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Artificial Intelligence Dysgraphia

World’s first app screens for motor dysgraphia using Artificial Intelligence

Dystech, an Australian start-up that is using the technological power of AI and Machine Learning to solve real-world problems, has created the world’s first app that screens for motor dysgraphia, giving the user a percentage likelihood of having the disorder in just minutes.

Motor dysgraphia is a learning disorder that affects a person’s writing ability. It is a neurological disorder that generally appears when children are first learning to write. Experts are not sure what causes it, but early detection can help prevent or reduce problems.

People with motor dysgraphia have trouble with spelling and putting thoughts down on paper. For individuals with motor dysgraphia, holding a pencil and organising letters on a line is difficult. Their handwriting tends to be messy. Many struggles with spelling and putting thoughts on paper. Other writing tasks like putting ideas into language that is organised, stored and then retrieved from memory, can add to struggles with written expression. People with motor dysgraphia usually have a high IQ, with many having strengths in other areas.

Many people with motor dysgraphia also have dyslexia and it’s reported by peak bodies in Australia, such as the Australian Dyslexic Association that 10% of the population suffer from Dysgraphia and/or Dyslexia. Dysgraphia can also be diagnosed in some people with Autism, Asperger’s Syndrome, Tourette’s syndrome and ADHD.

After collecting thousands of samples of handwriting, Dystech has launched their new ‘Dyscreen’ app, allowing parents, educators or professionals to take a photograph of their child or student’s handwriting and receive a percentage likelihood of motor dysgraphia in less than 2 minutes.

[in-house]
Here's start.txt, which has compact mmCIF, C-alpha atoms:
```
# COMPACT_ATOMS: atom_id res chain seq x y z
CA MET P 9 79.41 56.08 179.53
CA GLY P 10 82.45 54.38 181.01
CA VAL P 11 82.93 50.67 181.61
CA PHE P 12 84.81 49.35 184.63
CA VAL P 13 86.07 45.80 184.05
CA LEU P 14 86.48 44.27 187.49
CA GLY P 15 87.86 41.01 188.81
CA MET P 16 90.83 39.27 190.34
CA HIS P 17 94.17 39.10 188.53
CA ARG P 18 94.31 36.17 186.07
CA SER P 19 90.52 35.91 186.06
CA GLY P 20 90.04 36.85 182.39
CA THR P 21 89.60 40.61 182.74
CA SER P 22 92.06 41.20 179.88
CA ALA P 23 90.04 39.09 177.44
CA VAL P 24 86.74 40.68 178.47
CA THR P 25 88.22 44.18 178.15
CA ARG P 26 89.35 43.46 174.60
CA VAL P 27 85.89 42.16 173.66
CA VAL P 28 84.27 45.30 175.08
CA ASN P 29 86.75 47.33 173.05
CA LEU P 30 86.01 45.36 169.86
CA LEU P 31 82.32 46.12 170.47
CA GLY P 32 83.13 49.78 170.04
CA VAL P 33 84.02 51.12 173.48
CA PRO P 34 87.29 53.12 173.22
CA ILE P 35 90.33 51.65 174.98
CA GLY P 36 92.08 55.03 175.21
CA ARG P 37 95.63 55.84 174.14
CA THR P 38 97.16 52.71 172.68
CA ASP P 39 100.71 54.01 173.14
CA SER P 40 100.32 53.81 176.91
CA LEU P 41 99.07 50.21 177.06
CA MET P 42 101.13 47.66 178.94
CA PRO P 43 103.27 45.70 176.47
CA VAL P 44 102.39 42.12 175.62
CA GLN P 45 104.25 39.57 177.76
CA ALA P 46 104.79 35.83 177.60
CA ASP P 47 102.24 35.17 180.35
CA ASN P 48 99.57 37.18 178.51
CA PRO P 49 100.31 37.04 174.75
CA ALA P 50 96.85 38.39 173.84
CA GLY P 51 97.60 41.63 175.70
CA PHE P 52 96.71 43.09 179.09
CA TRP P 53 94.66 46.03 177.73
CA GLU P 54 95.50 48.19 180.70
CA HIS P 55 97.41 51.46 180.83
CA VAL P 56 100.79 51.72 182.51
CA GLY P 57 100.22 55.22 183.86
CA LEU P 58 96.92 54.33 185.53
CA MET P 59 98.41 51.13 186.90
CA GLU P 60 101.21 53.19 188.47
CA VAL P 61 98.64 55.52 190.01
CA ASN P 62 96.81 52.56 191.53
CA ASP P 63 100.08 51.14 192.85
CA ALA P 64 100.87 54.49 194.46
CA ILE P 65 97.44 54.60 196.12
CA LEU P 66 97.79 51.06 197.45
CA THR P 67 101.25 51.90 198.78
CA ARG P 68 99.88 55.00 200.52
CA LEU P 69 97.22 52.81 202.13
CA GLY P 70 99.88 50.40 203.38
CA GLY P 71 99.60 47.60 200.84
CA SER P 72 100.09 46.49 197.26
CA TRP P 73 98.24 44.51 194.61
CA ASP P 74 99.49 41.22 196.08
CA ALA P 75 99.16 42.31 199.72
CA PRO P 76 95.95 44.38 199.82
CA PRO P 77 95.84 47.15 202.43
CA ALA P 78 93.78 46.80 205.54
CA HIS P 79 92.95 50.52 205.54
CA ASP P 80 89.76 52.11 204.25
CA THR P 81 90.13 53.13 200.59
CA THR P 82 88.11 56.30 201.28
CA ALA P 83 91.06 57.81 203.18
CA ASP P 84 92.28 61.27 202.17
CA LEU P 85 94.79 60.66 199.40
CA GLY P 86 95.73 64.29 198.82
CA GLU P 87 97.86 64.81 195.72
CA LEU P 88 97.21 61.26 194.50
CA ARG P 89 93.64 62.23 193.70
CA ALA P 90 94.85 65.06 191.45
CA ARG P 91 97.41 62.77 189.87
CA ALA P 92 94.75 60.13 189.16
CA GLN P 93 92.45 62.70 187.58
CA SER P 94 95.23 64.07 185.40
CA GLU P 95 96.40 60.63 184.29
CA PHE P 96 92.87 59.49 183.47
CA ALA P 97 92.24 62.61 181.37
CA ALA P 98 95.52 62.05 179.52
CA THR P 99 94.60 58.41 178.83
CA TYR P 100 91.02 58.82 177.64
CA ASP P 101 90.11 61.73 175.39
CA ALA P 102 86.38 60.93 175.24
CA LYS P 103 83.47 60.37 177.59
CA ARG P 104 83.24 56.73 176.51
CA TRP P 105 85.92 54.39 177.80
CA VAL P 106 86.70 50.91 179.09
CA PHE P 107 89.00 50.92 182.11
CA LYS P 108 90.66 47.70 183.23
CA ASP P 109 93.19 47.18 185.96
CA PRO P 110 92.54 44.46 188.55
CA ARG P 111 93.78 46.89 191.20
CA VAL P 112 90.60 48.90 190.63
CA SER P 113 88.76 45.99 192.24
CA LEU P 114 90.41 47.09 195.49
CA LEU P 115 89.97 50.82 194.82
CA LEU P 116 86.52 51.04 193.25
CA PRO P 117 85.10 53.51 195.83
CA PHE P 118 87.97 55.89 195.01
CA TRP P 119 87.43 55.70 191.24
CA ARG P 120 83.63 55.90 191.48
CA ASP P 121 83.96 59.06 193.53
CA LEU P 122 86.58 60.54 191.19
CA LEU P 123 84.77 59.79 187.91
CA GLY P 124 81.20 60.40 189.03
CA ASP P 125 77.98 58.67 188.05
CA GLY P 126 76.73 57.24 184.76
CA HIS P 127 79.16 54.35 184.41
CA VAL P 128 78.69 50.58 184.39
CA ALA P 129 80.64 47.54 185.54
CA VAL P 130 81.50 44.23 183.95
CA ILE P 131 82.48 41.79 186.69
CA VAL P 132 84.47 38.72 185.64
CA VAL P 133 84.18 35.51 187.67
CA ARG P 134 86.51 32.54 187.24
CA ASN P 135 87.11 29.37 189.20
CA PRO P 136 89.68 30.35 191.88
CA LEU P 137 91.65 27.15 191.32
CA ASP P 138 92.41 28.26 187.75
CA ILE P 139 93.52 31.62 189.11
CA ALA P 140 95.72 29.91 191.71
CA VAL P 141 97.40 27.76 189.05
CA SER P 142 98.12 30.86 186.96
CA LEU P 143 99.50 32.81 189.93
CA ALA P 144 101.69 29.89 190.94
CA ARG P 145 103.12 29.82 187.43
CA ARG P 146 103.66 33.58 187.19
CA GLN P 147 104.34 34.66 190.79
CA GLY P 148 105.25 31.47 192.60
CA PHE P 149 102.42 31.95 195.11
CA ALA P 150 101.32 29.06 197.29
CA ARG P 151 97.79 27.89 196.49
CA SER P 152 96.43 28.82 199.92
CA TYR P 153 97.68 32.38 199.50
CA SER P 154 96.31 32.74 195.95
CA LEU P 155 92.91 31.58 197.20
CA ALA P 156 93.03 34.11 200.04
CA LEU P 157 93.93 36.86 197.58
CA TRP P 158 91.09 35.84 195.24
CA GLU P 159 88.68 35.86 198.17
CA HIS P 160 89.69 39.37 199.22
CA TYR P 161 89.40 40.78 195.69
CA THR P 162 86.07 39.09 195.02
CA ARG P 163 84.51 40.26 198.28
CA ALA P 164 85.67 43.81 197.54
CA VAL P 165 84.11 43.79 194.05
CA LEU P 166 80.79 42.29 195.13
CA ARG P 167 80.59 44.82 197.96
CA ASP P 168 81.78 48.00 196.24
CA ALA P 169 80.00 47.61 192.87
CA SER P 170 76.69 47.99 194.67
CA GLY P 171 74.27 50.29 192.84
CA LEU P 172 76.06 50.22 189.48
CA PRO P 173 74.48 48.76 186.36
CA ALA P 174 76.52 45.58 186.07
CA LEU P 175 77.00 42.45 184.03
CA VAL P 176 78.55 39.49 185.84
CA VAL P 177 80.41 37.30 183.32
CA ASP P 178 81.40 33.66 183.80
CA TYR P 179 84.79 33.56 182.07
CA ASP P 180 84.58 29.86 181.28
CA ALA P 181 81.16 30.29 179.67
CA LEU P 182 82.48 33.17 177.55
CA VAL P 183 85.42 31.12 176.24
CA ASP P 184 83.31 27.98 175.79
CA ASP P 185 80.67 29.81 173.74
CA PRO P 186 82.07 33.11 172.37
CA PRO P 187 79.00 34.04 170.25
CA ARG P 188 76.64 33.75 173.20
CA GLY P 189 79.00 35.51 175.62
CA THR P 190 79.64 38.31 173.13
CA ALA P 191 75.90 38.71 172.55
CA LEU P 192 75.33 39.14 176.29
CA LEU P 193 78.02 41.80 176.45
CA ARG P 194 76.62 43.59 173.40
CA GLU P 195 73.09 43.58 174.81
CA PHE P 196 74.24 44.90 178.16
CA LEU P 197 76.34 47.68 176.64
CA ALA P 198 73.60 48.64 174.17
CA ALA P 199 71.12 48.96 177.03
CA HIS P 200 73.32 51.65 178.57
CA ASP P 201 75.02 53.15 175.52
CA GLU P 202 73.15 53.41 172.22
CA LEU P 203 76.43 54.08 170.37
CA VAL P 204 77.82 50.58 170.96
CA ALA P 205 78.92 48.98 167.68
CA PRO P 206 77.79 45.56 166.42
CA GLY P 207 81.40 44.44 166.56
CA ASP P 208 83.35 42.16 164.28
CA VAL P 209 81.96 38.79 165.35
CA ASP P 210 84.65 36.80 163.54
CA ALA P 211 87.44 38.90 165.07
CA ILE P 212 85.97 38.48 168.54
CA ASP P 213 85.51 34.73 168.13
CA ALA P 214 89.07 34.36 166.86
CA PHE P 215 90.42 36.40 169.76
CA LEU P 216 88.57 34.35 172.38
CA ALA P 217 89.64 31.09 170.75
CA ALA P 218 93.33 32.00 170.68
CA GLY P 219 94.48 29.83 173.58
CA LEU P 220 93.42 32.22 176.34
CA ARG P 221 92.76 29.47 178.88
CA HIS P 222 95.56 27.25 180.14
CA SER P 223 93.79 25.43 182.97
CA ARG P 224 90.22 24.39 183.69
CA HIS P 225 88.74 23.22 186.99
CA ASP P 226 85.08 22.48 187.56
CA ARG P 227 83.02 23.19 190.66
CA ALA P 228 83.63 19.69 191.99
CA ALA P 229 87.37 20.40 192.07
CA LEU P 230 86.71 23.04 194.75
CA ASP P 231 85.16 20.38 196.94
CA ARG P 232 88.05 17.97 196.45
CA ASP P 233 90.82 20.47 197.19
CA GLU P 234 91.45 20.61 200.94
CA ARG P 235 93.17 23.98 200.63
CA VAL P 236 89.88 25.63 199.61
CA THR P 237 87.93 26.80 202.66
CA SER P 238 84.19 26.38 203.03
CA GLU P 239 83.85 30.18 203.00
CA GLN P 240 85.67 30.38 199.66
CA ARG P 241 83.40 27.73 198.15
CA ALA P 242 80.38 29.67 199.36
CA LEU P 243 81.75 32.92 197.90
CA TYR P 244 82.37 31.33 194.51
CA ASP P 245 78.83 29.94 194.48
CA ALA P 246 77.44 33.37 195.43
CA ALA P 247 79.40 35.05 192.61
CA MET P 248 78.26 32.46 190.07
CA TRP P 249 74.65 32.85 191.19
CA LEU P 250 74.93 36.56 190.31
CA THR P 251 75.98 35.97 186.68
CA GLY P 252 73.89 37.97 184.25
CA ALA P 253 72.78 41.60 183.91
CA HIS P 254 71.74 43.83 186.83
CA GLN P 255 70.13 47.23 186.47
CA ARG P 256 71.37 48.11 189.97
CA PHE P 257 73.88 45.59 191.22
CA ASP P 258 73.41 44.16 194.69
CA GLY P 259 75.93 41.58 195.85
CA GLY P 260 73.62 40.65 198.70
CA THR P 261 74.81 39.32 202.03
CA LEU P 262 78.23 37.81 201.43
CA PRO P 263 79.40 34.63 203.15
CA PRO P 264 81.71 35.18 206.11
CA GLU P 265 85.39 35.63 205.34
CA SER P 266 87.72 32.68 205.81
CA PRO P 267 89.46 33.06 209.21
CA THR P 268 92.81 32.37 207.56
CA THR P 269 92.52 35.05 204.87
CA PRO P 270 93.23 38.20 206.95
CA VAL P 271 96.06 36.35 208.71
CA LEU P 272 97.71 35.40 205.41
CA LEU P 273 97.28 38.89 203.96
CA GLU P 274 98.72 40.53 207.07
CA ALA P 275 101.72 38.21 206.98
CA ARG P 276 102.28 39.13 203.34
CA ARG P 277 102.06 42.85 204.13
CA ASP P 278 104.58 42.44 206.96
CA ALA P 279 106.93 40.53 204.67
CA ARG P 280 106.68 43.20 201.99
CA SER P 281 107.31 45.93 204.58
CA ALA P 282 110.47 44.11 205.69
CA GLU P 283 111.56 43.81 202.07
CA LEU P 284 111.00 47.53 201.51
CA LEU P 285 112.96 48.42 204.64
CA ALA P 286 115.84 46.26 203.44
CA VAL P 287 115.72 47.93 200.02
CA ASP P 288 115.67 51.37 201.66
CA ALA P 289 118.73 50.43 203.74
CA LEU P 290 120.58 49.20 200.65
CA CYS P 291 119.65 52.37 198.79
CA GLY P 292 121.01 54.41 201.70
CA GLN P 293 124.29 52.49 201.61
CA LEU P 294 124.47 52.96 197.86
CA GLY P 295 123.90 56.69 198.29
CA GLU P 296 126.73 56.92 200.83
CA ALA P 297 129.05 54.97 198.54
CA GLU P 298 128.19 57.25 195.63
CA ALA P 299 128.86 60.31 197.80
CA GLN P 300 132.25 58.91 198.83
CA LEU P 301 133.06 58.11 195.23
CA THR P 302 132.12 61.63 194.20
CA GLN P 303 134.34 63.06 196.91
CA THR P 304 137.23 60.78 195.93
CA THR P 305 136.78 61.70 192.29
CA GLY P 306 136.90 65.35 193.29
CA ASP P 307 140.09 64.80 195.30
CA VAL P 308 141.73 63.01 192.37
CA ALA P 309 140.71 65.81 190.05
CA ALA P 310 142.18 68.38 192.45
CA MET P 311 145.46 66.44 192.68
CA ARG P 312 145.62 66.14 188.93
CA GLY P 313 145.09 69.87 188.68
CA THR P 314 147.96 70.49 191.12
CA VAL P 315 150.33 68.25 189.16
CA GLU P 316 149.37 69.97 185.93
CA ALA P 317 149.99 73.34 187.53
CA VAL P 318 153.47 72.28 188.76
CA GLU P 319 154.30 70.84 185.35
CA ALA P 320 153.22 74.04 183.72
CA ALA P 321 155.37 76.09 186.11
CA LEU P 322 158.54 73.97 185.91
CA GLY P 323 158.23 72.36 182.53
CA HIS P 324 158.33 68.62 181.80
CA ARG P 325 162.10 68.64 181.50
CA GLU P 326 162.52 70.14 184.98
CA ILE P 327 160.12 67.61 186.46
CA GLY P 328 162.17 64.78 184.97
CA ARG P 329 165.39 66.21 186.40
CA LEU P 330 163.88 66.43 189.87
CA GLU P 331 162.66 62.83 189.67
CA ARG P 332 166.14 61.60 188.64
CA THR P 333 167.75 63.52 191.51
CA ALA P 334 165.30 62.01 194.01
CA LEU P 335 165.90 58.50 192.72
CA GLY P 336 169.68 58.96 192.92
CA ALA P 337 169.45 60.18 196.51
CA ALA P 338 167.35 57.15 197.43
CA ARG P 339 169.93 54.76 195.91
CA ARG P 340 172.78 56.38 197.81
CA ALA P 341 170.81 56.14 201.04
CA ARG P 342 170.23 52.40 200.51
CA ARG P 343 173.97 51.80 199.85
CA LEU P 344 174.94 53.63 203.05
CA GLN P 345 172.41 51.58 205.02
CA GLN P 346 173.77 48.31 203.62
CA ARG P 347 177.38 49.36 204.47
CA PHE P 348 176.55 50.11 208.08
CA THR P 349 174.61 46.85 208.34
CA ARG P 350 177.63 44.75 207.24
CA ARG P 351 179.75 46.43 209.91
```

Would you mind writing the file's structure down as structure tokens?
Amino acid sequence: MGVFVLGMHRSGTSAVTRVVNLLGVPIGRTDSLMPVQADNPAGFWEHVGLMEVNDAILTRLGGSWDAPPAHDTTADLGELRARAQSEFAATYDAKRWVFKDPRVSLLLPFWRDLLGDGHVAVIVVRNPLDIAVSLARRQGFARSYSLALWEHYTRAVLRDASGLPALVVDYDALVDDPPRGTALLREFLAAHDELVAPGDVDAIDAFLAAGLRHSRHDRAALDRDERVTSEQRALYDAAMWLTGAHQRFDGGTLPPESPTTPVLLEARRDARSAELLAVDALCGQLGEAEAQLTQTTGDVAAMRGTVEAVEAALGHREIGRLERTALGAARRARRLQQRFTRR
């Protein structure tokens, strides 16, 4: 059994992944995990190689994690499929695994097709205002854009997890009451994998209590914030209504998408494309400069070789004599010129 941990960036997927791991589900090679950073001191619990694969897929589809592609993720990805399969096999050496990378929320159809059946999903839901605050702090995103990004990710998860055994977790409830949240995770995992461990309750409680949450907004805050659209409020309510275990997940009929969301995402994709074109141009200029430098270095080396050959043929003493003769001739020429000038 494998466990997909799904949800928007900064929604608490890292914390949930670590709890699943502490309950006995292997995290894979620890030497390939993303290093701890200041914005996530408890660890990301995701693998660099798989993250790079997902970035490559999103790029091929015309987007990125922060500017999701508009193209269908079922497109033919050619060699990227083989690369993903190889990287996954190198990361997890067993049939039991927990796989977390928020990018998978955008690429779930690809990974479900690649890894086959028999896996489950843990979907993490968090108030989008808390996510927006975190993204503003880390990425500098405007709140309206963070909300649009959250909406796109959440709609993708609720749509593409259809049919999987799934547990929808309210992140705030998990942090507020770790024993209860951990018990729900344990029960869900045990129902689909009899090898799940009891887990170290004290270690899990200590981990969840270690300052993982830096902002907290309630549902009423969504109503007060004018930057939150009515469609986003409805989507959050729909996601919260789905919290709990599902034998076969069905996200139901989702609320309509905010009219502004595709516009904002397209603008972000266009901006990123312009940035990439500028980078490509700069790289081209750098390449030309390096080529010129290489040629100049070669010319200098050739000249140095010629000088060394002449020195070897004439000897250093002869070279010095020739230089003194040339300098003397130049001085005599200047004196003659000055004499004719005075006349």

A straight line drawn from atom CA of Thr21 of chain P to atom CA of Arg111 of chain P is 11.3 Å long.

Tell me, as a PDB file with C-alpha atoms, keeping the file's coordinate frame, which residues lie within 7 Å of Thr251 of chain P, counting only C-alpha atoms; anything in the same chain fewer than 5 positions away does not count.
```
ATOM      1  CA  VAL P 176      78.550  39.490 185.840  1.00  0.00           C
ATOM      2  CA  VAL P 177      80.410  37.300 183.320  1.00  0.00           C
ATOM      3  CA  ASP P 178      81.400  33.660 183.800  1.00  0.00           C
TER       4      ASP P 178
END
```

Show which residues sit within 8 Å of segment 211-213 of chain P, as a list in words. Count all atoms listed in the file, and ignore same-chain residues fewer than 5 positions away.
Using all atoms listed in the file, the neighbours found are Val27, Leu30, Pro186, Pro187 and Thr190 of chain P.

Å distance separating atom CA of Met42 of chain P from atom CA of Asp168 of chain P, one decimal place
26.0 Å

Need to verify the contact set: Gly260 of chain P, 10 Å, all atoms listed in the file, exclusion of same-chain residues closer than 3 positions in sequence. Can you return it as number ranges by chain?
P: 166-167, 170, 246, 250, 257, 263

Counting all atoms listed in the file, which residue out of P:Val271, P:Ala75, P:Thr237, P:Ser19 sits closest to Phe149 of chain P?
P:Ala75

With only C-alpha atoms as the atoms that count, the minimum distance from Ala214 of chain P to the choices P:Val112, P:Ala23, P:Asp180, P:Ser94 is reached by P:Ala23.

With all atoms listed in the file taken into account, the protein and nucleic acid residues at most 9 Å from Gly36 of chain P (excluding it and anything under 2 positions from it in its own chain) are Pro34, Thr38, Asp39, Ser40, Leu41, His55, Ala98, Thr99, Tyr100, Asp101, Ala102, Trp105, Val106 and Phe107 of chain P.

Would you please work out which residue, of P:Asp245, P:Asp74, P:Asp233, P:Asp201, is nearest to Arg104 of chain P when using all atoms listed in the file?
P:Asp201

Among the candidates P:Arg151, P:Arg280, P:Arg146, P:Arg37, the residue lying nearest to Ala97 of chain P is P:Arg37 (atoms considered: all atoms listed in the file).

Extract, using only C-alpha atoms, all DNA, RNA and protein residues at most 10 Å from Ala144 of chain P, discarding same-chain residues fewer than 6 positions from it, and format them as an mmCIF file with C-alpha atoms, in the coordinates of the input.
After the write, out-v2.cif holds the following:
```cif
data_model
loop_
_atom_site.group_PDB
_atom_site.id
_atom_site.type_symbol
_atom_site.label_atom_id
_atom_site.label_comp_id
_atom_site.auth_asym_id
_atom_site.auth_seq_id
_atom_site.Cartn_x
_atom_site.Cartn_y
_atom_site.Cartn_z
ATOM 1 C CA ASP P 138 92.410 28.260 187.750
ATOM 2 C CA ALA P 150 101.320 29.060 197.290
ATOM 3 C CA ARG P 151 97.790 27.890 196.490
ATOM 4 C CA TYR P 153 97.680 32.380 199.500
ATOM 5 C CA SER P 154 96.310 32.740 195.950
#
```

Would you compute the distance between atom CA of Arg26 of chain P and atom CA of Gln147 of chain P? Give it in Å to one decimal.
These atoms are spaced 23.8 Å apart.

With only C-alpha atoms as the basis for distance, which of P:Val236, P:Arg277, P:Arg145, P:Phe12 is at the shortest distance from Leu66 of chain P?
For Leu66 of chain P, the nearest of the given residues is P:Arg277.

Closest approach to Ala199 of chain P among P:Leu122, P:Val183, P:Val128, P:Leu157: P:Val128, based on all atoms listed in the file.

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The app also gives the user up to ten other pieces of information that assess various aspects of the piece of handwritten text.

“We have found that the app gives us a lot of information about the child’s handwriting, such as size difference between letters, spacing, the slant of writing and pressure on the pen, which can also help identify motor skill issues,” said Hugo Richard, CEO and Co-Founder of Dystech, who is dyslexic and dysgraphic himself.

“The app is suitable for use in children over the age of 9 and is currently available in English and most Western European country languages that use the Roman alphabet, such as Spain, Italy and France.”

The app has been created by Hugo’s global team of data scientists and has been built from the ground up using the latest in machine learning technology.

“We have spent the last year collecting thousands of samples of handwriting so we can build an algorithm for this app. We then used this information to create the algorithm to recognise the likelihood of the condition. Our data scientists have worked with universities, students and people of all ages in various communities as part of our research,” said Hugo, whose team is also currently creating an app to screen for Dyslexia.

“All of the estimations are computed using mathematics, and therefore are very precise. We have achieved 95.6% screening accuracy with the algorithm.”

The app is now available,  each screening will cost $29.00, which Hugo says is much more affordable than initially seeing a professional.

“Waiting times to see professionals can be quite long here in Australia and can take months.  By providing a screening app, parents and teachers can get an idea quickly if the problem is indeed motor dysgraphia. Seeing a professional can also have a huge dollar cost, and this screening app can provide a cost-effective way to see if motor dysgraphia is the problem in the first place,” said Hugo.

“If the app reads that a child’s likelihood of having motor dysgraphia is above 70%,  they should then get a formal assessment with a professional.”

 You can read Dystech’s research paper and download the app by visiting www.dystech.com.au

The Dyscreen app is now available on iOS and Android devices.

By Dystech Editorial Team

Let's help people with learning disorders to reveal their talents through the power of artificial intelligence.